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Cabrera and Votto: Two Passing Ships?

Miguel Cabrera and Joey Votto — they’re both cinch future Hall of Famers, as close approximations as any among current major leaguers to the ideal all-around hitter. They have consistently made hard contact to all fields, hit for average and power, and not conceded many free outs to opposing pitchers. And obviously, they’ve done it without any contribution from their legs; it’s been all bat.

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Tigers Prospect Anthony Castro on Venezuela

Anthony Castro is emerging as one of the top pitching prospects in the Detroit Tigers organization. Two years removed from Tommy John surgery and armed with plus stuff, the 22-year-old right-hander is 9-4 with a 2.70 ERA in 18 starts for the Low-A West Michigan Whitecaps.

Following his last outing, a coach for the opposing team was highly complimentary of Castro’s cutter, which is actually a mid-90s four-seam fastball that has natural cutting action. As the native of Caracas, Venezuela, explained, “It just comes out that way. That’s crazy.”

It’s not crazy to believe he’s ready to prove himself at the next level. As the aforementioned coach told me, “I’m not sure why the kid is still in the Midwest League.”

Castro has taken his family out of their homeland, and for perfectly understandable reasons: with the situation in Venezuela growing increasingly worse, the youngster feared for their safety and well-being.

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Corey Dickerson and the Best Bad-Ball Hitters

While writing about Miguel Sano last week, I connected two thoughts that had laid dormant next to each other for a while.

Those thoughts, as follows:

  1. It’s easier to lift and drive balls that appear in certain parts of the zone; and
  2. How pitchers approach batters in terms of location is part of an endless loop of adjustments that makes judging a batter’s true talent difficult.

That confluence of ideas led to an innocuous enough question: could we adjust exit velocity for pitch location?

The answer is yes, of course we can. The next question, however, was much more interesting: what the heck does this measure?

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Updated Top-10 Prospect Lists: AL Central

Below are the updated summer top-10 prospect lists for the orgs in the American League Central. I have notes beneath the top 10s explaining why some of these prospects have moved up or down. For detailed scouting information on individual players, check out the player’s profile page which may include tool grades and/or links to Daily Prospect Notes posts in which they’ve appeared this season. For detailed info on players drafted or signed this year, check out our sortable boards.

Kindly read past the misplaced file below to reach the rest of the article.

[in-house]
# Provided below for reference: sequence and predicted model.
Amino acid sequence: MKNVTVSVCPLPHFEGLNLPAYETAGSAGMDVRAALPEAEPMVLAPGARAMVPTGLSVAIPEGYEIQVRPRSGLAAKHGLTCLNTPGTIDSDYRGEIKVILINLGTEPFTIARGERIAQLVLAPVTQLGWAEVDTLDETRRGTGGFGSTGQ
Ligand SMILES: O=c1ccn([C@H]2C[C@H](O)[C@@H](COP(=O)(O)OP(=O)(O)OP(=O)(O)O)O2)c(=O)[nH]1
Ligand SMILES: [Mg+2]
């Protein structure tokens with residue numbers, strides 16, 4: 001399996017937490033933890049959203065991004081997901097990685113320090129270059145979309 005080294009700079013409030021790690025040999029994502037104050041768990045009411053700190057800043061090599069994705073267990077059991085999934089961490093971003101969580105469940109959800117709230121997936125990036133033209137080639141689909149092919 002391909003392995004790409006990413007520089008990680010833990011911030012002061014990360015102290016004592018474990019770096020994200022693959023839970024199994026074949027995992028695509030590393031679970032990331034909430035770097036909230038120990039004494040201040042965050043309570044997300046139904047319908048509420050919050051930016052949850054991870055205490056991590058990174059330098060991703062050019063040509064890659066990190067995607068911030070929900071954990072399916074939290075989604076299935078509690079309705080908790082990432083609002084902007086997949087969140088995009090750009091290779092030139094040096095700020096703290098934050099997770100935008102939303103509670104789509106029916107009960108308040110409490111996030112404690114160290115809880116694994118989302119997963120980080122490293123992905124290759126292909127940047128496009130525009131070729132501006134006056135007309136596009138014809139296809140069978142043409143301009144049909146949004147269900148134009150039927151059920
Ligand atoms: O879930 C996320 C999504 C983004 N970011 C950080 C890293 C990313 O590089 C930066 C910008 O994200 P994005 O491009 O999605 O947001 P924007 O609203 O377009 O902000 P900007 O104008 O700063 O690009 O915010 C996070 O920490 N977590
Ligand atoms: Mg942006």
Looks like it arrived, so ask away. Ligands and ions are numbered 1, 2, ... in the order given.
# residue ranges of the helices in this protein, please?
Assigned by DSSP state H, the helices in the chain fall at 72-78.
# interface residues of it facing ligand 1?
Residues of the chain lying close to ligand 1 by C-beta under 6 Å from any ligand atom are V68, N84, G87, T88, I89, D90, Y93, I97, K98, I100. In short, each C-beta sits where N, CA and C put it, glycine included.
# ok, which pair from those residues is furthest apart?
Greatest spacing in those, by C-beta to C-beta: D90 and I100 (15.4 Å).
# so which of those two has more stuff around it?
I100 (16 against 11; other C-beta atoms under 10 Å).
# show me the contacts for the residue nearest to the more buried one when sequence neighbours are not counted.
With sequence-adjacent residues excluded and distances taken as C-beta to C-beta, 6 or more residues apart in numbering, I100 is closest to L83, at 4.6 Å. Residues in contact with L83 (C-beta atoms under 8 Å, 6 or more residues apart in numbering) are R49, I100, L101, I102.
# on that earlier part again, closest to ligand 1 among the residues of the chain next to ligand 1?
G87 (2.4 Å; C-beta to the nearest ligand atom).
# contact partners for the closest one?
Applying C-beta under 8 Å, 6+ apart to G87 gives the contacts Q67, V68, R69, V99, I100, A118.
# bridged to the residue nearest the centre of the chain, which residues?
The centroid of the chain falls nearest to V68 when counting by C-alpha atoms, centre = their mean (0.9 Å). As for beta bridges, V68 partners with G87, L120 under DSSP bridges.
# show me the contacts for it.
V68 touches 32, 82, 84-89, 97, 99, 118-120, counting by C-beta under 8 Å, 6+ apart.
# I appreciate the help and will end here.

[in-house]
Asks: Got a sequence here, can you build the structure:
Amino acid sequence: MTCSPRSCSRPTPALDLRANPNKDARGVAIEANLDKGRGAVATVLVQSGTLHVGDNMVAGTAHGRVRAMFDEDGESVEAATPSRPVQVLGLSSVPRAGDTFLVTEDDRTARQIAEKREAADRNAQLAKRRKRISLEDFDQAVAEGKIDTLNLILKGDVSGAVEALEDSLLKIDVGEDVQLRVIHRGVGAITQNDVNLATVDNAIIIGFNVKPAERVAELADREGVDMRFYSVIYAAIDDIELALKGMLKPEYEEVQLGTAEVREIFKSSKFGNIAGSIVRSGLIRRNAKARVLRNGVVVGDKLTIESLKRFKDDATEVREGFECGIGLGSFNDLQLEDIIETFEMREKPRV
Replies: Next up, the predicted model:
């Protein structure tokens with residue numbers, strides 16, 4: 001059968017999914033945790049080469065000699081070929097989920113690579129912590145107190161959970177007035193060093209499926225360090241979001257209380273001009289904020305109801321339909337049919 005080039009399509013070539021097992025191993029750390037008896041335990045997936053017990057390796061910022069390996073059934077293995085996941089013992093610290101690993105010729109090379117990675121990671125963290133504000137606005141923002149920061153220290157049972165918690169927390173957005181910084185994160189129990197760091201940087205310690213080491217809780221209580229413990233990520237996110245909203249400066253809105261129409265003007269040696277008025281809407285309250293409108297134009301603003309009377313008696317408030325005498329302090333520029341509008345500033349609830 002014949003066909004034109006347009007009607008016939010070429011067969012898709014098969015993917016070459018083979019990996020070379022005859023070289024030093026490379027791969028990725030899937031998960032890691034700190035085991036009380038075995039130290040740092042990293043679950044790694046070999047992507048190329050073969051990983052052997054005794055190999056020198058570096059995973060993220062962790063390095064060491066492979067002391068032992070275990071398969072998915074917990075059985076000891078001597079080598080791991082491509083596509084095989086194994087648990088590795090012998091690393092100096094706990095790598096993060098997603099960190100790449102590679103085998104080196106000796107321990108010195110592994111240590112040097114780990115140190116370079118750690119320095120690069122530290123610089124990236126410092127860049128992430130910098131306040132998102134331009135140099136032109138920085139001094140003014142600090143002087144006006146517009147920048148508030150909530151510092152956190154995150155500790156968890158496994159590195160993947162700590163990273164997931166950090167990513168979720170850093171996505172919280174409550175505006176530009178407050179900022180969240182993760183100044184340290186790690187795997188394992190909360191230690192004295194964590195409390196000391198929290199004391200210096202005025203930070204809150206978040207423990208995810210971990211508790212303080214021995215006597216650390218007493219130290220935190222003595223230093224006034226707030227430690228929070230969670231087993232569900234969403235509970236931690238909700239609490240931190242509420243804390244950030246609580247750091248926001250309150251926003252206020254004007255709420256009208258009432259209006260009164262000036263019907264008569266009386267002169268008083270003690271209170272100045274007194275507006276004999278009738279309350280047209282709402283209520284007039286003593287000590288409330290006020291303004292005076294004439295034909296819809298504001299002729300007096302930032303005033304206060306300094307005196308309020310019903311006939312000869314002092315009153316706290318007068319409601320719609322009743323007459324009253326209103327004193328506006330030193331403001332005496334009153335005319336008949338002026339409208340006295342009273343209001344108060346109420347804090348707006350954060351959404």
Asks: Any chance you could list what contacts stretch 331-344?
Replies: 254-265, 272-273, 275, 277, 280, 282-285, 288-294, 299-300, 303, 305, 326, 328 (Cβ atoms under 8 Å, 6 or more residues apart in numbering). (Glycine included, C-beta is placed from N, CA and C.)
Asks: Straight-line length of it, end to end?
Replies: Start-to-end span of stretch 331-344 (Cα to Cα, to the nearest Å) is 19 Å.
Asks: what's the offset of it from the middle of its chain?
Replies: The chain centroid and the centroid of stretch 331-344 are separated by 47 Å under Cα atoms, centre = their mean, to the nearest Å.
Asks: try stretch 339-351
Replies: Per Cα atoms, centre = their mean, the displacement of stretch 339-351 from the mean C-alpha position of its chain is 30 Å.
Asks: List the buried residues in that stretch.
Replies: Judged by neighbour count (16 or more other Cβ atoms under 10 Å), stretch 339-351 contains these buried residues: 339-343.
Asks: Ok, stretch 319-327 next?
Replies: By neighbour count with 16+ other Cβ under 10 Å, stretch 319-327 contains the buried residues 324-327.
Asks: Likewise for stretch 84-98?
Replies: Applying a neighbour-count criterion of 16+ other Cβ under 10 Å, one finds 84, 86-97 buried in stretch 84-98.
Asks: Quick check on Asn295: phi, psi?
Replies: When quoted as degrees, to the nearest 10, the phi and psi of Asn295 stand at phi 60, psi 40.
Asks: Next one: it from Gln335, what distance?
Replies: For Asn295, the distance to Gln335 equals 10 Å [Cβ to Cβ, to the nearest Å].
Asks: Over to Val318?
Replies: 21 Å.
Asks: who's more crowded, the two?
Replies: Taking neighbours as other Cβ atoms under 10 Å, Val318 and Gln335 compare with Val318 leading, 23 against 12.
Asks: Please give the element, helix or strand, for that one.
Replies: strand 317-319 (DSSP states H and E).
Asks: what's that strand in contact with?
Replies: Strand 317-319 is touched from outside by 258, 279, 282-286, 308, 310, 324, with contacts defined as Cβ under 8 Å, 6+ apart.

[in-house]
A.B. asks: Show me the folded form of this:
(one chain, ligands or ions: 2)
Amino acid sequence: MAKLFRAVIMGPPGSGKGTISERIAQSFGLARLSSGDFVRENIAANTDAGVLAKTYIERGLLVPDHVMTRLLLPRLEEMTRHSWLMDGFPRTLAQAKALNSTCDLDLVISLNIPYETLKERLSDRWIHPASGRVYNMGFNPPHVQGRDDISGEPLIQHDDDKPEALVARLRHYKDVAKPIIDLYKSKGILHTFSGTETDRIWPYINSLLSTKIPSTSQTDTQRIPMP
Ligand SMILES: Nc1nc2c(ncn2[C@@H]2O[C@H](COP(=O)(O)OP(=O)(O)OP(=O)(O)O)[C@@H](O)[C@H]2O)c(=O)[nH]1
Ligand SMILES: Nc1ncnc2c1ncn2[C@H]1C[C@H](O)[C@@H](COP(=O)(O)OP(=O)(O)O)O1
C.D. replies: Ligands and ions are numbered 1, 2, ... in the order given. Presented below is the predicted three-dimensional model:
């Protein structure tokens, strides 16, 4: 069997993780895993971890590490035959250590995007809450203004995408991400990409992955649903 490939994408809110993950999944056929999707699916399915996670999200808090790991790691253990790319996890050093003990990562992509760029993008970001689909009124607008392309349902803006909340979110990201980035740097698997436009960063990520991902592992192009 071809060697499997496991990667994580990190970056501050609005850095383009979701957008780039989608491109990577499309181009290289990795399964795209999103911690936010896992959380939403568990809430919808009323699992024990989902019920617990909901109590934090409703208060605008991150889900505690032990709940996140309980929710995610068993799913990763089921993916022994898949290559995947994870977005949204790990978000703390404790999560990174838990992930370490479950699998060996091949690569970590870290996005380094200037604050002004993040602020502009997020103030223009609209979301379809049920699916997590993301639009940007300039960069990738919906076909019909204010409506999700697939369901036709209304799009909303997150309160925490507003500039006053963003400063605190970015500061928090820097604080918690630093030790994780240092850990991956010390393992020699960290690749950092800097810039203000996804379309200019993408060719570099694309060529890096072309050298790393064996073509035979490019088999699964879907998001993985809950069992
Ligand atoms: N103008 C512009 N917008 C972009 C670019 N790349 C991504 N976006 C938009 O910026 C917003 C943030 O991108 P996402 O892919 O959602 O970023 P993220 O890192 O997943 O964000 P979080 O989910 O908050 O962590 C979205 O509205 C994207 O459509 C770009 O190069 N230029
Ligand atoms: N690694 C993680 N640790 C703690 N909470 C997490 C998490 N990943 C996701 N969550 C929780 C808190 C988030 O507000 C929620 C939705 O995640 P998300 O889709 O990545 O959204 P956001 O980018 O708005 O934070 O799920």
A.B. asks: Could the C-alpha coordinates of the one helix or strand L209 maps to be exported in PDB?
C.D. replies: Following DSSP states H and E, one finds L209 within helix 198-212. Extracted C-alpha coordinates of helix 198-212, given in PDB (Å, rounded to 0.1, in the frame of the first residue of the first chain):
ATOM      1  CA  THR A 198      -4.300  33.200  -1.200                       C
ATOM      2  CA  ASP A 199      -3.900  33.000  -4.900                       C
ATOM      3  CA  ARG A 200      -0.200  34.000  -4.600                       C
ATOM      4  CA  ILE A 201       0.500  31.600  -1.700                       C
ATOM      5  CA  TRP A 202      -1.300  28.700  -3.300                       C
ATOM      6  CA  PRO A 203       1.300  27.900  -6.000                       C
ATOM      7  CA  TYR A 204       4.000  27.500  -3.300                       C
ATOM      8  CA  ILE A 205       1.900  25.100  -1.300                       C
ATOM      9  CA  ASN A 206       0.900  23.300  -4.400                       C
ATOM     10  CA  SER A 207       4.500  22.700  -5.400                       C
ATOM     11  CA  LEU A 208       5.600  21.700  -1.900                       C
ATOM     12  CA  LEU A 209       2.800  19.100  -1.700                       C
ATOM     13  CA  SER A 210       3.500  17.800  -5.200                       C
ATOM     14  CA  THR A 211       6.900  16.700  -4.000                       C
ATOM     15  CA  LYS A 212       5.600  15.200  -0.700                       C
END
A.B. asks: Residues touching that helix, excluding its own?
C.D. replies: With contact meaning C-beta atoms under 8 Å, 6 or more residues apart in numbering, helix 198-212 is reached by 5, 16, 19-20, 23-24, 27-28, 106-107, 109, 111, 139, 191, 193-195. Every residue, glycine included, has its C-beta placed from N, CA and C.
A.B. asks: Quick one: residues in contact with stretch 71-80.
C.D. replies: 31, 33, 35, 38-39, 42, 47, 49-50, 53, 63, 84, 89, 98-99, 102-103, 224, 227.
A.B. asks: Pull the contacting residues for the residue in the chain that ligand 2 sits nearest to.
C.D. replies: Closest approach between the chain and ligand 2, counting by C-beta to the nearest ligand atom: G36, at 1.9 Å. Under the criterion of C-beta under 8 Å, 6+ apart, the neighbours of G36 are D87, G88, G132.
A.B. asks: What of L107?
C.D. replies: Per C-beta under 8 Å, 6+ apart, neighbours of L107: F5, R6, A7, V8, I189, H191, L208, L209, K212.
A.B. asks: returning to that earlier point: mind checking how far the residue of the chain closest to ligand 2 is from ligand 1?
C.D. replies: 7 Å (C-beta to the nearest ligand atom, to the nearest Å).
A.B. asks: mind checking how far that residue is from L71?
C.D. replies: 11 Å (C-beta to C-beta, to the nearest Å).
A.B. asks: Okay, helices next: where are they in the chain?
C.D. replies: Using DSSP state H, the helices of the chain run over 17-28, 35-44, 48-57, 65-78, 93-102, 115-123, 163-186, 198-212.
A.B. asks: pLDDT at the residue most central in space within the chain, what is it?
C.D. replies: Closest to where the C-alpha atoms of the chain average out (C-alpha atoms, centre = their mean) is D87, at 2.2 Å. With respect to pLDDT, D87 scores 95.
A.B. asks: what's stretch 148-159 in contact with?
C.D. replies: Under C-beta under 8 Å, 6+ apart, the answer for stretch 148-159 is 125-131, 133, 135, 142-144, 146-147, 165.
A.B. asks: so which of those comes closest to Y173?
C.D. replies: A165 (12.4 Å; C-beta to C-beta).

Chicago White Sox (Preseason List)

1. Yoan Moncada, 2B
2. Eloy Jimenez, OF
3. Michael Kopech, RHP
4. Lucas Giolito, RHP
5. Luis Robert, OF
6. Reynaldo Lopez, RHP
7. Blake Rutherford, OF
8. Alec Hansen, RHP
9. Dylan Cease, RHP
10. Zack Collins, C

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The Multiple Paths to a Tigers Rebuild

Michael Fulmer is likely part of the solution in Detroit. (Photo: Keith Allison)

This is Ashley MacLennan’s second piece as part of her August residency at FanGraphs. Ashley is a staff writer for Bless You Boys, the SB Nation blog dedicated to the Detroit Tigers, and runs her own site at 90 Feet From Home. She can also be found on Twitter. She’ll be contributing regularly here over the next month. Read the work of all our residents here.

For a team that seemed poised to begin the rebuild process, the Detroit Tigers managed to coast through the trade deadline doing very little. They’ve been promising since the offseason that their goal is to become leaner and younger, but when July 31st had passed, they’d only moved three players. Observers are left asking themselves: have the Tigers done enough to craft a contending team for the future?

The short answer? No.

The more complicated answer is that the team may not have been able to make the moves they wanted, thanks to a market that favored relief pitching over everything else.

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Getting the Tigers a Real Prospect for Justin Verlander

It wasn’t a big surprise when Justin Verlander stayed in Detroit at the July 31st trade deadline, because for Verlander, the 31st wasn’t really a deadline. With $28 million salaries for each of the next two years, he wasn’t in much danger of being claimed on waivers; sure enough, he reportedly went unclaimed last week, and is again free to be traded to any team in baseball. And now that prospective buyers don’t have the distraction of other possible options, it might actually be easier for the Tigers to trade Verlander this month than it was in July.

Of course, easier doesn’t mean easy. As Jeff noted a month ago, there appears to be something of a gap between how the Tigers see Verlander and how the rest of the league sees him. Detroit seemingly is shopping him as if he’s still the ace he pitched like last season, not the average-ish starter he’s pitched like this season. And Jeff’s piece laid out why that isn’t a totally unreasonable position.

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Ranking the Prospects Traded During Deadline Season

Among the prospects traded in July, Eloy Jimenez stands out. (Photo: Arturo Pardavila III)